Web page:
Can a trip to Greece reveal the wisdom of aging gracefully? At the age of 73, Daniel Klein, a successful author with a philosophy degree from Harvard and a background in comedy, was facing the prospect of significant dental work. His dentist informed him that his lower teeth needed to be removed due to the normal wasting away of the jawbone associated with aging.
Klein had two choices: He could either get a set of dentures or get a set of implants. Opting for implants would entail a minimum of seven visits to an oral surgeon, located an hour away from his home, over the course of about a year. The financial costs would be pretty significant, too.
This relatively minor malady set off an existential angst. Klein characterized his decision as one of either embracing the popular concept of the "new old age," which essentially amounts to a denial of aging by our youth-obsessed society—-or accepting this next chapter of his life with dentures and "an old man's goofy smile."
With a pile of philosophy books tucked in his suitcase, Klein decides to return to the Greek island of Hydra, where he had visited before, to reflect and observe the lives of the elders there. The purpose of his spiritual journey is "to figure out the most satisfying way" to experience old age—-the years between the prime of life, when people still have many goals to pursue and achieve, and "old old age," when mental and physical capacities are inevitably compromised provided they live long enough.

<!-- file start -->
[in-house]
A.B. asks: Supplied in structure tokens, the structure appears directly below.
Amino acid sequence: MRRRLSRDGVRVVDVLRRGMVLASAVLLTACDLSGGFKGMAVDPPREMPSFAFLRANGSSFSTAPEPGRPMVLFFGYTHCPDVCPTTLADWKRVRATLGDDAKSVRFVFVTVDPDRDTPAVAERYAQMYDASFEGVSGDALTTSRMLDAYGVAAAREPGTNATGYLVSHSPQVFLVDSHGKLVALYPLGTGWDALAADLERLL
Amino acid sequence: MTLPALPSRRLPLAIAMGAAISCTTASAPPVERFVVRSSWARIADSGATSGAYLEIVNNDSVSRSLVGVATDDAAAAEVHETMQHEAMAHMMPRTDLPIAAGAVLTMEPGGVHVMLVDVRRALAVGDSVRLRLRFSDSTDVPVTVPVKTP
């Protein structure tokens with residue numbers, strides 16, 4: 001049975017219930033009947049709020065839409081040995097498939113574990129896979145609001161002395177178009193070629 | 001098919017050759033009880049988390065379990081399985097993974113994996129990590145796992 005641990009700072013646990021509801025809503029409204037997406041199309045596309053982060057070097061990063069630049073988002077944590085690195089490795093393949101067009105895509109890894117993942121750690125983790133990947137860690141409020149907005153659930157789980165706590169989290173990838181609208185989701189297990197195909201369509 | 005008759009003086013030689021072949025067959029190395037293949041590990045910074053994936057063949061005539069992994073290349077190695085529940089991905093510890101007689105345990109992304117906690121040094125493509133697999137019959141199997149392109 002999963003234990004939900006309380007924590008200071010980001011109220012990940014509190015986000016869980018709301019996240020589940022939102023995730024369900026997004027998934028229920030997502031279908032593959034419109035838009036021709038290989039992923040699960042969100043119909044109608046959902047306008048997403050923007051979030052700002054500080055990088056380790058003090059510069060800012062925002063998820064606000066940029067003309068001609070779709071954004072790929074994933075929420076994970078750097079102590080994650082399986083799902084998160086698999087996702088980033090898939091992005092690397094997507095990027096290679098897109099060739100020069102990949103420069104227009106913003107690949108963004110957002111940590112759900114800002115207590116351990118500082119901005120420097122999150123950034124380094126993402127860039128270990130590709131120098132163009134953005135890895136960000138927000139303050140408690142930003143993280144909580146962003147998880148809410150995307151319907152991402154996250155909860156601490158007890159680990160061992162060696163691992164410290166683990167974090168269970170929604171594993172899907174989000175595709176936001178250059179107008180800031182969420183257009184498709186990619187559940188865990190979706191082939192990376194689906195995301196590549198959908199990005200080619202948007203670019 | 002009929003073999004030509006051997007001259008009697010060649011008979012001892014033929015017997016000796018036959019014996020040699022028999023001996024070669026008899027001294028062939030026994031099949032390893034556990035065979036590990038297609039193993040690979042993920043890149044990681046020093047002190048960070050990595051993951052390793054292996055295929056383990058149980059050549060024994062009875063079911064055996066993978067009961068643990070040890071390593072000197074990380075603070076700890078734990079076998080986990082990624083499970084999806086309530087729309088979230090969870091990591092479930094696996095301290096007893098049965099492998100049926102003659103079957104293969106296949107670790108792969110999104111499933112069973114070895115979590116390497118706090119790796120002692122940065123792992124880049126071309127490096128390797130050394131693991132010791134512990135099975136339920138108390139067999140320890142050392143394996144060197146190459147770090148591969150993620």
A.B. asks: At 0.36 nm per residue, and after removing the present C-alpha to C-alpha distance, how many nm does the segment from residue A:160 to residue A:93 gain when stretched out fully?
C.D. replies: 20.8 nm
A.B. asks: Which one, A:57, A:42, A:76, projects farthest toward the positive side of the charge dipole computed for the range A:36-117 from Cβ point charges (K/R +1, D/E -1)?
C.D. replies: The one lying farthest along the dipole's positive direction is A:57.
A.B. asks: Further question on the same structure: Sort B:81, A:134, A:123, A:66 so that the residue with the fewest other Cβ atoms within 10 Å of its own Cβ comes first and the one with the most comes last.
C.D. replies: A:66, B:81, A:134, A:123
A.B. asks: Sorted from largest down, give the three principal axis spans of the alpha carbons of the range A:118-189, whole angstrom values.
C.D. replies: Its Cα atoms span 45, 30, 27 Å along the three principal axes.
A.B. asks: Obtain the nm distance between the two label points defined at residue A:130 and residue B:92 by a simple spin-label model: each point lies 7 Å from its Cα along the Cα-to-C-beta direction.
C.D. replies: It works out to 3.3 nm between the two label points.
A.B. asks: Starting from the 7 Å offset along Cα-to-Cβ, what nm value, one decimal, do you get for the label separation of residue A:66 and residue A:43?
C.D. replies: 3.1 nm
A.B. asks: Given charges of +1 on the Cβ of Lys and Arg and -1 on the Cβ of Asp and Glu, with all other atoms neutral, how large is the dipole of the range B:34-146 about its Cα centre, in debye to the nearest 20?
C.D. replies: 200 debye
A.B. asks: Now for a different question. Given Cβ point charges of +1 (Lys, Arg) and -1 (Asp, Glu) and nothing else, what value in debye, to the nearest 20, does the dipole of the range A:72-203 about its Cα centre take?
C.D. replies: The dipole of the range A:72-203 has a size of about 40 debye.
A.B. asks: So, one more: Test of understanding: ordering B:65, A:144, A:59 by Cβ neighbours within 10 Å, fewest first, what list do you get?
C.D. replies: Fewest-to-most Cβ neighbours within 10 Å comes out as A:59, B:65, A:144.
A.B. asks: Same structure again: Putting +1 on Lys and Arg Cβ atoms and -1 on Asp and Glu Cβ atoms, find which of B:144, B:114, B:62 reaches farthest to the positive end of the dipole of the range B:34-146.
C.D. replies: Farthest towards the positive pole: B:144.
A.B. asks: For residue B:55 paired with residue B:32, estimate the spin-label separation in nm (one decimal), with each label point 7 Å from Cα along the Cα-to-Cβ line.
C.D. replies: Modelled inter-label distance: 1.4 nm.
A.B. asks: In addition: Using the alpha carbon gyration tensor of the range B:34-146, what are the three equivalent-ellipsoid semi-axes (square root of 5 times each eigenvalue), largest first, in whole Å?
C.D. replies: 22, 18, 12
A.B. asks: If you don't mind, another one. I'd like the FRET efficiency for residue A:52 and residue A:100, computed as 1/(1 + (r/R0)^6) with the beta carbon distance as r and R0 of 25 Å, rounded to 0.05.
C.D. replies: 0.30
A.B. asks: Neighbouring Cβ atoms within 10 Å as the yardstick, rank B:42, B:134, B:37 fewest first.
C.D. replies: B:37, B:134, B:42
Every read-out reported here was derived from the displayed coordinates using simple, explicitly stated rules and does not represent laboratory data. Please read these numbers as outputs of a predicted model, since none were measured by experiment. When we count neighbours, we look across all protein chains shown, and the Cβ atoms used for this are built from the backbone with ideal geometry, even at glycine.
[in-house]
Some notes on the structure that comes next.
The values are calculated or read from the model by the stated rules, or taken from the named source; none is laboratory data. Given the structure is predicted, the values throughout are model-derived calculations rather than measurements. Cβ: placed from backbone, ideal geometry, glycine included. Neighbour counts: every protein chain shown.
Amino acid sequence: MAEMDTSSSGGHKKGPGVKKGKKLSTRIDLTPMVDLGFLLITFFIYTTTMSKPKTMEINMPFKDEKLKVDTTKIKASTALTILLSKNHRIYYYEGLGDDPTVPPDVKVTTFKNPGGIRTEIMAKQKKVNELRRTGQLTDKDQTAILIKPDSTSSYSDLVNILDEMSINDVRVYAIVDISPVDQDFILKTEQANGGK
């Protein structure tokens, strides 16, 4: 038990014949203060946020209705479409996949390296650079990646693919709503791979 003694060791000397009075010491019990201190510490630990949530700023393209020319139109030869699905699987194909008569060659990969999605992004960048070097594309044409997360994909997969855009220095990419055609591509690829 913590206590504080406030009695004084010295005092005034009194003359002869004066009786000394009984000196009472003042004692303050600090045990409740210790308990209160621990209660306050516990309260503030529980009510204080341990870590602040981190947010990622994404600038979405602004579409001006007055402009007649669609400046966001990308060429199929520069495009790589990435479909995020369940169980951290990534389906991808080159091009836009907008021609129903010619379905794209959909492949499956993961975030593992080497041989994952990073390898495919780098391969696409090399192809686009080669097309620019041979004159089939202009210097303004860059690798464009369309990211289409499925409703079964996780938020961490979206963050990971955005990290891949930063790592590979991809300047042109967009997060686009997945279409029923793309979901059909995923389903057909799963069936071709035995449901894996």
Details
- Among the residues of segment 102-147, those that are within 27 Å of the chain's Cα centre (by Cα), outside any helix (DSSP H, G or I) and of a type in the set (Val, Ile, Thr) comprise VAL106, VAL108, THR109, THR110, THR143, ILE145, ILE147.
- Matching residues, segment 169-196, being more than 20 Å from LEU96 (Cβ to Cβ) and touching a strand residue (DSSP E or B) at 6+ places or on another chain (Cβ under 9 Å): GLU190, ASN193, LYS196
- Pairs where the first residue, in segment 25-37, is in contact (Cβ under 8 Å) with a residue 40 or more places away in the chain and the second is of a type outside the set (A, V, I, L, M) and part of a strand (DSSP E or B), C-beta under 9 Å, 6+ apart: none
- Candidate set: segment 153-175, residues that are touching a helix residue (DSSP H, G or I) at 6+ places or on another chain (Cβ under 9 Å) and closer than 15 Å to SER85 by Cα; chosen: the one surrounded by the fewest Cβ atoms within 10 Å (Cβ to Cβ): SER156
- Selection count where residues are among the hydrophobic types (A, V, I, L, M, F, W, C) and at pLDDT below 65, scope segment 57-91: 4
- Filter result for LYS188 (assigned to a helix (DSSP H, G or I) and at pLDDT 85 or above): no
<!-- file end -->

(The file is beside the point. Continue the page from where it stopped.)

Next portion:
Travels with Epicurus: A Journey to a Greek Island in Search of a Fulfilled Life (Penguin, 2012) is a little book with a lot inside, part travelogue with a hefty helping of wisdom. Klein tries to sort out the relevant lessons that can be gleaned from the older men of Hydra and from the ancient philosophers. He expounds on the thinking of Epicurus, who advocated the narrow self-indulgence of simple pleasures, as opposed to immersion in the broader political or material world. Klein suggests that only in the later years do people have the accumulated experience, patience, and idle time to thoroughly enjoy good food and company at an unhurried pace like the men sitting around in the taverna outside his window.
The author emphasizes that life prior to old old age has discrete stages, each with different pleasures that need to be savored for their uniqueness. His practical tale will be of interest to those at midlife and beyond, both to help them understand their own lives and those of their parents and grandparents.